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The world’s worst idea: taking out a mortgage in a foreign currency

The Swiss-franc-to-Polish-zloty exchange rate is an ugly thing to look at right now (Reuters/Adam Stepien/Agencja Gazeta)
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The greatest trick the devil ever pulled was convincing people to take out foreign currency mortgages.

But it's one that's worked pretty well in Poland and Hungary, where plenty of people bought homes with Swiss francs they borrowed. These weren't really mortgages, though, so much as financial time bombs that went off on Thursday when Switzerland shocked markets by announcing it would no longer hold its currency down against the euro. The Swiss franc promptly went vertical, and Polish people who'd borrowed in it saw their monthly mortgage payments go up 22 percent quite literally overnight.

Now, taking out a mortgage is risky enough. You're betting you'll be continuously employed, and won't have any major medical emergencies, for the next 15, and maybe 30, years. And if you're married, you'd better be able to afford your mortgage on just one salary, otherwise you're taking twice the risk that you won't lose your jobs. If you have an adjustable-rate mortgage, which are far more common outside the Fannie and Freddie-subsidized U.S., then you're betting that interest rates won't rise too much. And, in any case, you're betting that real estate prices will go up, so you can either sell, refinance, or just build wealth, whatever may happen.

That's a lot of bets. But some people don't think it's enough. Not only do they decide to make a leveraged bet on real estate, but also to take a side position in the currency markets. That's what you're doing, after all, when you borrow money in a foreign currency. If, for example, you get paid in Polish zlotys, but borrow in Swiss francs, then you're effectively gambling that the Swiss franc won't go up too much against the zloty, otherwise your payments will explode. Even worse, you, as an individual, can't hedge this risk like a company could. You're just too small for it to be worth it for banks to sell you that kind of protection.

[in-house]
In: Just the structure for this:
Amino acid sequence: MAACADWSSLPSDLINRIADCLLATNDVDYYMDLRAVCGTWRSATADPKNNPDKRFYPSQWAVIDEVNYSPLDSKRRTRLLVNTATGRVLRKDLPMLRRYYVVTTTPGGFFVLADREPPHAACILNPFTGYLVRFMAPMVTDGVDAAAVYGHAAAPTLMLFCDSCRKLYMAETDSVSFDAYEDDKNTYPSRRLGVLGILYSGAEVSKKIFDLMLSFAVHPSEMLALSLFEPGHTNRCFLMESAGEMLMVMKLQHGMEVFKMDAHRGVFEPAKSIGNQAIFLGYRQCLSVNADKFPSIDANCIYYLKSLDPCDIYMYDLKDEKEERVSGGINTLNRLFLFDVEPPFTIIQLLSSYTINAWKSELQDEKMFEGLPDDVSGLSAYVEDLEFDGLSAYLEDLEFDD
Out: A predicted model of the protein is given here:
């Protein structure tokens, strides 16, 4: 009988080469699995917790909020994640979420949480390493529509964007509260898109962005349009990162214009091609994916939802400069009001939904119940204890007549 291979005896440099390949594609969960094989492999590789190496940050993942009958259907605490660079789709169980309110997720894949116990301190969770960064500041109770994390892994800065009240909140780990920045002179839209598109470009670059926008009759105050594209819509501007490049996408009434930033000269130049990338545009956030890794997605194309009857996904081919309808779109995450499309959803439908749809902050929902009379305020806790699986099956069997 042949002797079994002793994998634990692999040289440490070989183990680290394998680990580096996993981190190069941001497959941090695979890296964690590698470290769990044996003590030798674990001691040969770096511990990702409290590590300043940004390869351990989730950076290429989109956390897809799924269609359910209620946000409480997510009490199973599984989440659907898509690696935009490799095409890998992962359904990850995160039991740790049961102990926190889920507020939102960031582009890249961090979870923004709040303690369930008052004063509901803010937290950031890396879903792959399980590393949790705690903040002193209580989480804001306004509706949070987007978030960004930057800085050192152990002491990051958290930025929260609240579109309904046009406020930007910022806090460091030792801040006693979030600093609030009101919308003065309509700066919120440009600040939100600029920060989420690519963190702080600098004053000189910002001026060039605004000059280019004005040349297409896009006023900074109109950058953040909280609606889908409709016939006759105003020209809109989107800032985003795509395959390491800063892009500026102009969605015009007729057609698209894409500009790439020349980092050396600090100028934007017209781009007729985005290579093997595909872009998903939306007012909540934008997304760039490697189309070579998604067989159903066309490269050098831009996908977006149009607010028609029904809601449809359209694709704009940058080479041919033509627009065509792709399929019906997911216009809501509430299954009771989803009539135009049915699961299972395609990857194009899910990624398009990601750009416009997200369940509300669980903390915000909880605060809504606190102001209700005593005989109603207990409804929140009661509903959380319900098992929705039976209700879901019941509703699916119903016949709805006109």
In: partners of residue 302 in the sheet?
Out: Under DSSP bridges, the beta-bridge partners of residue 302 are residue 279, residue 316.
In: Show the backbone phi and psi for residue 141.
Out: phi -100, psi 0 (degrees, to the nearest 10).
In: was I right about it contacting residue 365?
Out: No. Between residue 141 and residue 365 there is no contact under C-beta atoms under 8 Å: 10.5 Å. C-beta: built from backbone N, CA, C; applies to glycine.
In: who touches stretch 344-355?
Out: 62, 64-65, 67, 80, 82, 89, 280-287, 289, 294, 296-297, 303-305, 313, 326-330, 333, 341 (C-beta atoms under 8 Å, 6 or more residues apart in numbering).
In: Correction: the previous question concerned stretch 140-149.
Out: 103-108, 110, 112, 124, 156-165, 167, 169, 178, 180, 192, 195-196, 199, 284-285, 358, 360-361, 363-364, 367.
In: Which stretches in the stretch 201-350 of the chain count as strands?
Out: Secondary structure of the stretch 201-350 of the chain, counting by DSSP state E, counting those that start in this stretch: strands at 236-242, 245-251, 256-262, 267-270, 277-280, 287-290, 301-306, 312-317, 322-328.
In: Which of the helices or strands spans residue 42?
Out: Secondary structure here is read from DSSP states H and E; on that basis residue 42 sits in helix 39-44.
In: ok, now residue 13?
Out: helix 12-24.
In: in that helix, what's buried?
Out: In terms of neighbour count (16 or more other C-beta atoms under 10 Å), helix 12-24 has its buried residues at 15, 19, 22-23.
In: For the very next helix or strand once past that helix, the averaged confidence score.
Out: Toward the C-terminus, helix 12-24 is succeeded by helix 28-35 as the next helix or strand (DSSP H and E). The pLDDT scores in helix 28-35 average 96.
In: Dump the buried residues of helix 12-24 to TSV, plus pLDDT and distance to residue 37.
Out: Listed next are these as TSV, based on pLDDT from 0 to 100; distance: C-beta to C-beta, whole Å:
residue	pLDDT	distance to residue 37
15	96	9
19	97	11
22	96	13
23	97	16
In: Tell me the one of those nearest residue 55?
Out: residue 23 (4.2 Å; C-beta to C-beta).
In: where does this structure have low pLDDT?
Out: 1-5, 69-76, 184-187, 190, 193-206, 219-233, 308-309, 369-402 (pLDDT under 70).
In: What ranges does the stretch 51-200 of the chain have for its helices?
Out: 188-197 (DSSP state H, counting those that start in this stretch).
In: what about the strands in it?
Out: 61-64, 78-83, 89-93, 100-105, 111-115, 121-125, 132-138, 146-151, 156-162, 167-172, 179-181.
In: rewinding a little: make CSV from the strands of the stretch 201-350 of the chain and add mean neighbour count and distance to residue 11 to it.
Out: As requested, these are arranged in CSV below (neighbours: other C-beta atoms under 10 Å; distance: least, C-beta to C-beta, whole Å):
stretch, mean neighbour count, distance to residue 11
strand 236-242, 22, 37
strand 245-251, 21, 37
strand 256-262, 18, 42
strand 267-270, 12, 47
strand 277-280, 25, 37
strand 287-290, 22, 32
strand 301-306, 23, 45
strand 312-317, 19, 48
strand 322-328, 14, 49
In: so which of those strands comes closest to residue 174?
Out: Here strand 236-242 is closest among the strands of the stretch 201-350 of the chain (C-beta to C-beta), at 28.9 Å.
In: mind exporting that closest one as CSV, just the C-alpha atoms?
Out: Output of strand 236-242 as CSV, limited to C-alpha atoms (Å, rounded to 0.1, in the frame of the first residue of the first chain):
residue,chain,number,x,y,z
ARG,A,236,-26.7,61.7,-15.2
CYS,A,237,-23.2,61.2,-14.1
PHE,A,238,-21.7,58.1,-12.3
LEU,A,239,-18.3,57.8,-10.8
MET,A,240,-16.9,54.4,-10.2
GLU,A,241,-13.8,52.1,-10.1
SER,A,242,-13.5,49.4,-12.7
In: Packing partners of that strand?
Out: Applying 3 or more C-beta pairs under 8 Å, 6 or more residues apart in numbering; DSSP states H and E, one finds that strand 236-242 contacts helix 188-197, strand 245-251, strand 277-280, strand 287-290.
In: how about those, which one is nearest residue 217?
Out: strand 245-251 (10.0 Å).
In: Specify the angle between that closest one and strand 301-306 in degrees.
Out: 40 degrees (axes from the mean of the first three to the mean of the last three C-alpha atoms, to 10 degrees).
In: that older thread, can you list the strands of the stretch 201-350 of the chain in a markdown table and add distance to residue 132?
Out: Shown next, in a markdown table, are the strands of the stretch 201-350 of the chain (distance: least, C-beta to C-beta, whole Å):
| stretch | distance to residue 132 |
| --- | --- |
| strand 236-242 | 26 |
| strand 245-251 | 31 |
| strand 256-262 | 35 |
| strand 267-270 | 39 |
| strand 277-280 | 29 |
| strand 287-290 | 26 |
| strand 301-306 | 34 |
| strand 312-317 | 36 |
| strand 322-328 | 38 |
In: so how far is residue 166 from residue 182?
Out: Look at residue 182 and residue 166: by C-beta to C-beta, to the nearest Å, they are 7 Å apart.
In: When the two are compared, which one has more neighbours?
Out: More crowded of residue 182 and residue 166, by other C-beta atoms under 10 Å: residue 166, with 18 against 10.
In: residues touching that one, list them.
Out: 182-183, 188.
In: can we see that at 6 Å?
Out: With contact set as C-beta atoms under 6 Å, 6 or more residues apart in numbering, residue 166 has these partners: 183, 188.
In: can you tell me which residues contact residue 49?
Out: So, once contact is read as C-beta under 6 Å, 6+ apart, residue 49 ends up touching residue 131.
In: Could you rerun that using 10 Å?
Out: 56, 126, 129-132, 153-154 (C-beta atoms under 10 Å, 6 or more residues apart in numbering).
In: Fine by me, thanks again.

So why would anyone take this kind of currency risk? Well, the question answers itself: because it looks like a good deal. The costs, in other words, are hidden, but the benefits are not. Switzerland, you see, has lower interest rates than Poland, so Swiss franc loans do too. The siren call of these lower rates were too much for some people to resist—they knew they'd owe less at first, at the risk of owing a lot more later—and now they're paying the piper. Or, as the case may be, a Swiss bank.

It's bad enough in Hungary, where Swiss franc debt is 12 percent of GDP, that its central bank is offering to replace people's foreign currency loans with forint ones, nationalizing the losses. But hey, it could always be worse. They could be Russia, where, yes, people also took out Swiss franc mortgages that have doubled in value, in ruble terms, the past six months.

Foreign currency mortgages are so bad that even Keyser Söze would say they go too far.

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